The Bible shows us in the parables of the Kingdom that faithful stewards who do the master’s will with the master’s resources can expect to be rewarded incompletely in this life, but fully in the next.
We all should long to hear the master say to us what he says in Matthew 25[:21]:
Well done, good and faithful servant! You have been faithful with a few things, I will put you in charge of many things. Come and share your master’s happiness!
As Christians, especially in these new and modern times, we need to embrace this larger biblical view of stewardship, which goes beyond budgets and projects. We should see stewardship as it connects everything we do to what God is doing in the world. We should be faithful stewards of all God has given us within the opportunities He provides to glorify Him, serve the common good, and further His Kingdom.
All of this with a primary focus on bringing the message of salvation to those lost souls. Isaiah proclaims:
The people who walked in darkness have seen a great light; those who dwelt in a land of deep darkness, on them has light shone.6
That is the task to which we have been given stewardship. Which servant will you be? Will you invest the resources God has given to you, and show a return for you work, or will you bury the precious gift of salvation and keep it for yourself planning only to turn it in at the end, selfishly, for your own reward?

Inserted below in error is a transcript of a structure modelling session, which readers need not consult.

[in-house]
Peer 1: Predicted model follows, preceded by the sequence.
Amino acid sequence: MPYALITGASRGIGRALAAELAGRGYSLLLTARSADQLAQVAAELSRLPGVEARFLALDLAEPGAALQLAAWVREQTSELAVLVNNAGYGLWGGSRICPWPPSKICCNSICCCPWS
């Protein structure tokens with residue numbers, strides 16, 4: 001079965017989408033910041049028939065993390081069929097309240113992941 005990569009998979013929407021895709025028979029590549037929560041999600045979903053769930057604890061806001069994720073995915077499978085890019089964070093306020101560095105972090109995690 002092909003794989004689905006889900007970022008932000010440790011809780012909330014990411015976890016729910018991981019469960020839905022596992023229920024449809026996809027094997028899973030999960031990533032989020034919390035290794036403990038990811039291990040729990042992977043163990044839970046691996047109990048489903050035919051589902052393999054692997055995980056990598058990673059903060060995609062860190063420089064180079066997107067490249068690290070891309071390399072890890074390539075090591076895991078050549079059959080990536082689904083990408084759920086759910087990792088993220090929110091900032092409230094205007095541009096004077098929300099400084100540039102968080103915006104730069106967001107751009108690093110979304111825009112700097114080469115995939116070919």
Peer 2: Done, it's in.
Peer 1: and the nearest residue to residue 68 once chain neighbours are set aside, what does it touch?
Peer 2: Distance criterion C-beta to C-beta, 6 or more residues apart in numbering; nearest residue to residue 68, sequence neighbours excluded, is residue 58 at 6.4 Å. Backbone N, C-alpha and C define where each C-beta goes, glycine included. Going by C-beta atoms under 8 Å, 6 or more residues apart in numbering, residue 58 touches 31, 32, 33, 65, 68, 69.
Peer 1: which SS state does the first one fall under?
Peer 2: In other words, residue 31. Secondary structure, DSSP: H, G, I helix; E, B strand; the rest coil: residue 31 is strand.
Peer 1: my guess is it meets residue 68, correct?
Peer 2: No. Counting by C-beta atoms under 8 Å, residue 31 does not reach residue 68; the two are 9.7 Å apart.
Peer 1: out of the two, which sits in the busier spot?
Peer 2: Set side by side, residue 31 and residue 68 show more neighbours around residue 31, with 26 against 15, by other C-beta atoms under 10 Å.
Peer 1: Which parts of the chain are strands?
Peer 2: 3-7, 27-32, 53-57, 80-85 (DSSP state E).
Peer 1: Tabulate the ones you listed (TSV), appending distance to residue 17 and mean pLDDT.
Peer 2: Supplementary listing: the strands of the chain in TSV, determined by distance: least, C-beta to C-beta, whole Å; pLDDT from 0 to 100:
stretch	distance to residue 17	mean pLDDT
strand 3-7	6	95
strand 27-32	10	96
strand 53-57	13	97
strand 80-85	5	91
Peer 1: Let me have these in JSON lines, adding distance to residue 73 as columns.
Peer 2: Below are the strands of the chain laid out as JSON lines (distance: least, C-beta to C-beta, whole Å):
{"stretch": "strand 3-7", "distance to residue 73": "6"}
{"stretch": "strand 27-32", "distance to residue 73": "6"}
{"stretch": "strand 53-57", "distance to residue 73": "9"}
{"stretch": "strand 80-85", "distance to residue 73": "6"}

The parable tells us what God expects us to do. Jesus makes His plan clear when He says”
Go therefore and make disciples of all nations, baptizing them in the name of the Father and of the Son and of the Holy Spirit, teaching them to observe all that I have commanded you.7
As we’ve been exploring over the last few Sundays, Jesus will return. At His return, what will He find? Each of us will stand before Him and each of us will be measured. How will we measure up? The Gospel is not something to be kept private. It is something that is to be invested and shared. As we invest in the salvation of others we are being good stewards of God’s most precious possession, His children. May Gods instill in all of us a desire to do that well.
In Jesus’ name. Amen.
1Bill Peel – The High Calling, in an essay entitled Leadership Is Stewardship.
3Bill Peel – The High Calling, in an essay entitled Leadership Is Stewardship.